By Matthew Brett

There are moments of joy and celebration in these difficult times, and this is certainly one of those moments. There is very good reason to recognize three Faculty members for their outstanding contributions to medical education.

Drs. Ilana Bank, Fraser Moore and Geoffroy Noel, three members of the Institute of Health Sciences Education, recently received the 2020 Canadian Association of Medical Education (CAME) Certificate of Merit.

The Certificate recognizes and rewards faculty members from across Canadian medical schools who are committed to medical education.

These deserving colleagues were to be honoured during the Canadian Conference on Medical Education (CCME), which is now partially taking place though asynchronous delivery of virtual panels and events under the timely theme of, “weaving humanism into the fabric of medical education.” All original plenaries will be recorded and available from May 15 to August 14, 2020.

The Institute looks forward to recognizing this dynamic trio during a members’ meeting on June 4.


Harnessing the Power of Simulation:

Dr. Ilana Bank
Associate Professor of Pediatrics
Attending staff, Montreal Children’s Hospital
Associate Member, Institute of Health Sciences Education
Director, Montreal Children’s Hospital Institute for Pediatric Simulation
Dr. Bank has developed a reputation for her skill in simulation-based education and her ability to mobilize a broad range of individuals to design, implement, and participate in innovative large-scale simulation training programs.

She has designed disaster simulations that engage entire hospital and municipal disaster response teams. She has tested hospital functioning for patient safety issues by simulating complex multi-trauma patient response from arrival to disposition. And she has managed to translate findings from these and other simulations into formal academic submissions, policy development and refinement, and local culture change around simulation-based education.

“To receive this recognition during the pandemic, when I feel my work has a particular salience, is extremely humbling,” Dr. Bank said. “I believe in the essential role of simulation training and in putting the lessons learned into practice.”

Dr. Bank is also the pediatric director of subspecialty education and chair of the sub-committee on multiple mini interviews for medical admissions at McGill University.


Making Neurology Understandable:

Dr. Fraser Moore
Associate Professor, Department of Neurology and Neurosurgery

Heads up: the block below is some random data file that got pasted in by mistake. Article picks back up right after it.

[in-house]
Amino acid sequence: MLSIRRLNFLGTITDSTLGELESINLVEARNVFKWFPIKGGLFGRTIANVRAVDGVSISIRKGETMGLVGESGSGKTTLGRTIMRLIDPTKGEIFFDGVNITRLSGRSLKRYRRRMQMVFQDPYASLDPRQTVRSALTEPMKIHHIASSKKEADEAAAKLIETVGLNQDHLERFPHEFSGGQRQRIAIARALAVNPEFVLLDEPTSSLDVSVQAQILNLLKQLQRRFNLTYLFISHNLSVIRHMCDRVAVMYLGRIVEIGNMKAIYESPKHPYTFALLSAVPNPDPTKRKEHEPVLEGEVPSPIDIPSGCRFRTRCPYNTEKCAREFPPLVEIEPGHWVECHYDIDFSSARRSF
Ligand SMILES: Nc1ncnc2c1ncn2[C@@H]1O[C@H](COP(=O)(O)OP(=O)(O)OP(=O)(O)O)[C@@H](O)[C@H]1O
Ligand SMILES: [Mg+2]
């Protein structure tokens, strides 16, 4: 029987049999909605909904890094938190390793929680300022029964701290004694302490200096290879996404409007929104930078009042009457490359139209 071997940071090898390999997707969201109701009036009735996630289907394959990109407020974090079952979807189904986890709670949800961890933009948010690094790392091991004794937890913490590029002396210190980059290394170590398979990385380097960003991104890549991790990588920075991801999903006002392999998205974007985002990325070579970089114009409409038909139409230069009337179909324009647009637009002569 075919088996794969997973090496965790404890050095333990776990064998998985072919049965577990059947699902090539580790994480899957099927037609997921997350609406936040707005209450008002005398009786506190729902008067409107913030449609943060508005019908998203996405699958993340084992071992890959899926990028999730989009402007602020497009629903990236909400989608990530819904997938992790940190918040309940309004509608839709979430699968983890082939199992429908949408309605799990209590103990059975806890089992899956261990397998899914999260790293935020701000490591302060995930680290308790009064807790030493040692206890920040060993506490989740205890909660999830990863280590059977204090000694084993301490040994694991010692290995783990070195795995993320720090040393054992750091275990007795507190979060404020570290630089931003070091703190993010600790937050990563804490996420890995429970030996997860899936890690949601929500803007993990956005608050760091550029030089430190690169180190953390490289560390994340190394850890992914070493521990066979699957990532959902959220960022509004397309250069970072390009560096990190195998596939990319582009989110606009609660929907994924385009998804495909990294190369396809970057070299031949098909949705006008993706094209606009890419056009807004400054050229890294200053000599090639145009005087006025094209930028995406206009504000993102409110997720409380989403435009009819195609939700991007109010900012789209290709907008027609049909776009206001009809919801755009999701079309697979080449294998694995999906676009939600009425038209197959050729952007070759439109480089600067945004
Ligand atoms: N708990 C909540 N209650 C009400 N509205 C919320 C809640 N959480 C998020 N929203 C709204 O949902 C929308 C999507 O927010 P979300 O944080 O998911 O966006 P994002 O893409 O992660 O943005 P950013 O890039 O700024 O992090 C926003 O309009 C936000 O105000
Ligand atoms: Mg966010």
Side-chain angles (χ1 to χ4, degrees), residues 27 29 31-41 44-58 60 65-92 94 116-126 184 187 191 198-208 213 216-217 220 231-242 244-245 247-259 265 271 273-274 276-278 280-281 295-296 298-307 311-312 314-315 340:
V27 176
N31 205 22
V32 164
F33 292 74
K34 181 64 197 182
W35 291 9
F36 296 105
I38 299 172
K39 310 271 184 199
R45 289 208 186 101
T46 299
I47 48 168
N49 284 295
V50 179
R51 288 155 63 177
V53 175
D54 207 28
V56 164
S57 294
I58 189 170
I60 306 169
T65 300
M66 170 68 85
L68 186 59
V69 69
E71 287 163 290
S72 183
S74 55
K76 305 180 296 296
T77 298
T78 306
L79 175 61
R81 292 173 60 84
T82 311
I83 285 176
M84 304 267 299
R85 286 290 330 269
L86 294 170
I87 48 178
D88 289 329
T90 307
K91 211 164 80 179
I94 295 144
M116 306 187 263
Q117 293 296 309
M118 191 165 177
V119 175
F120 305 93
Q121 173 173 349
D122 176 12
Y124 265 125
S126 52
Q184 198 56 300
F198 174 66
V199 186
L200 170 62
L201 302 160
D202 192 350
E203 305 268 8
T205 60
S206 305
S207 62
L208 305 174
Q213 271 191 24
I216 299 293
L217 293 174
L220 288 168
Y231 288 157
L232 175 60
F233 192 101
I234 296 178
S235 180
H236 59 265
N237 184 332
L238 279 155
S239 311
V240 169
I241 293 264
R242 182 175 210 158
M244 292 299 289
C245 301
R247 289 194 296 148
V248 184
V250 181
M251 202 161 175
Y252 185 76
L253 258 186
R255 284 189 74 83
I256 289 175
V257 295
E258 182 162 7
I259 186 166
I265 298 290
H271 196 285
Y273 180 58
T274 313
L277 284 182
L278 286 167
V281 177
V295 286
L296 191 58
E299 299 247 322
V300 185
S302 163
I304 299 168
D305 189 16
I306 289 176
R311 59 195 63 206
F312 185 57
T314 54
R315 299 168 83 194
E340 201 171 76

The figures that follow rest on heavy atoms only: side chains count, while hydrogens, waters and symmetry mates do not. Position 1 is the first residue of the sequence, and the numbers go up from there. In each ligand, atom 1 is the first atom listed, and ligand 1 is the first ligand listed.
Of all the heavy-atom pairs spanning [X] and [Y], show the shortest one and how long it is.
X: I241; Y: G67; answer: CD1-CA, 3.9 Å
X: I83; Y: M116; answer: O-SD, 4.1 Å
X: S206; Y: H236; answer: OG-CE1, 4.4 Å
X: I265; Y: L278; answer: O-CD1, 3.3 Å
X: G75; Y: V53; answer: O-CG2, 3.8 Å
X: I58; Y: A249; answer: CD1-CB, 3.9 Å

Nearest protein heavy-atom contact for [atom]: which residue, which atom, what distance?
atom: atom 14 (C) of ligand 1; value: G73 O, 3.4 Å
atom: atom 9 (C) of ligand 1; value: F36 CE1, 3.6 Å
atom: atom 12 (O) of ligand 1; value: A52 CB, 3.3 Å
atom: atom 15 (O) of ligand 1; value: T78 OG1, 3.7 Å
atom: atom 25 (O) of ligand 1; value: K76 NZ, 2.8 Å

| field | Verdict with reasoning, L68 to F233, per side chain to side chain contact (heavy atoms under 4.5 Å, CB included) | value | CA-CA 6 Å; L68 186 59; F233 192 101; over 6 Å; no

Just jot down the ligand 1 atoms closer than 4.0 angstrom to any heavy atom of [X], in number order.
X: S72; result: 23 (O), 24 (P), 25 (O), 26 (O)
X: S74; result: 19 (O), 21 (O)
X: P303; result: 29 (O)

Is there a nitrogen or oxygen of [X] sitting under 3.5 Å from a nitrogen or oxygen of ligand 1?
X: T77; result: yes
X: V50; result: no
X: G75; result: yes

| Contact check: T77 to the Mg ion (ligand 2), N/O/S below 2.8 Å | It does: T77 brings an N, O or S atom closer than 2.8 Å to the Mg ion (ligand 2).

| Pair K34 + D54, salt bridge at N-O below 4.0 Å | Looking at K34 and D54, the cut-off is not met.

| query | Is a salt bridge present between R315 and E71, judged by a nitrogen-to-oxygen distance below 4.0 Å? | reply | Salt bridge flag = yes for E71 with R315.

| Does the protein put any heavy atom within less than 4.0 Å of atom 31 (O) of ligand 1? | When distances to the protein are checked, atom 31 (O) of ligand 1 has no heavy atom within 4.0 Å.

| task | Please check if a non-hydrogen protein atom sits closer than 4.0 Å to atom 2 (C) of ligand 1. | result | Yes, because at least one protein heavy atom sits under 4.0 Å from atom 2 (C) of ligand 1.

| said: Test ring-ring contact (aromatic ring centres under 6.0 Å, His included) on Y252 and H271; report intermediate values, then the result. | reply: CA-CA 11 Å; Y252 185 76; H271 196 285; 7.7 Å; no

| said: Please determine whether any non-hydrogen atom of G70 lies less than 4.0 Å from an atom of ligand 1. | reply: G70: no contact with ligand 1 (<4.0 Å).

Associate Member, Institute of Health Sciences Education
Dr. Moore is the Leader of Block J (“Human Behaviour”) in the McGill Medical School curriculum and the Program Director for the McGill Adult Neurology residency program.

His current education and research interests include the teaching of medical students and residents, particularly as it relates to the neurological exam and electrophysiology, and curriculum design for neurology education in medical school.

“My interest in evidence-based medical education has continued to grow over time,” said Dr. Moore. “The Institute of Health Sciences Education at McGill has been invaluable in stimulating ideas and providing critical feedback. As neurologists, we should always be looking for better ways to help students understand and appreciate Neurology.”

Dr. Moore has published the results of his work in medical education research in a variety of peer-reviewed journals, including Perspectives on Medical Education and Neurology.

He has been named the McGill Neurology teacher of the year on three occasions and in 2017 was the recipient of the prestigious Osler teaching award from the graduating medical school class.

Innovation in the Anatomy Lab:
Dr. Geoffroy Noël

Associate Professor, Department of Anatomy and Cell Biology

Director, Anatomical Sciences Division
Associate Member, Institute for Health Sciences Education
Dr. Noël’s most recent educational innovations include the deployment of augmented reality (AR) technology in the anatomy lab. This fascinating AR platform is intended to improve the quality of training for surgeons, dentists and other health professionals, and the early results are promising.

“We have only begun to scratch the surface of the benefits, limitations and concerns of new technologies in health sciences education training,” Dr. Noël said. “This is sensitive terrain but also incredibly rewarding for our learners.”

If this AR project were not enough, Dr. Noël created and studied the benefits of innovative teaching tools to help students build better mental maps of anatomy, including a low-fidelity T-shirt model of the peritoneal cavity that he published in Anatomical Sciences Education journal, as well as a 3D printed model for rhinoplasty approaches, under review. Dr. Noël also developed 3D printed models of various anatomical regions and researched their value on near-peer teaching of bedside ultrasound in undergraduate medical programs.

He is co-leading a study on the impact of the internationalization of medical education with Columbia University, Kyoto University, National University of Taiwan, Helsinki University and King’s College London, which was accepted in the journal, Medical Science Educator.

On behalf of the Institute, we would like to not only congratulate you for your excellence in medical education – we would also like to commend you for being kind and generous colleagues and friends. Santé!



April 21 2020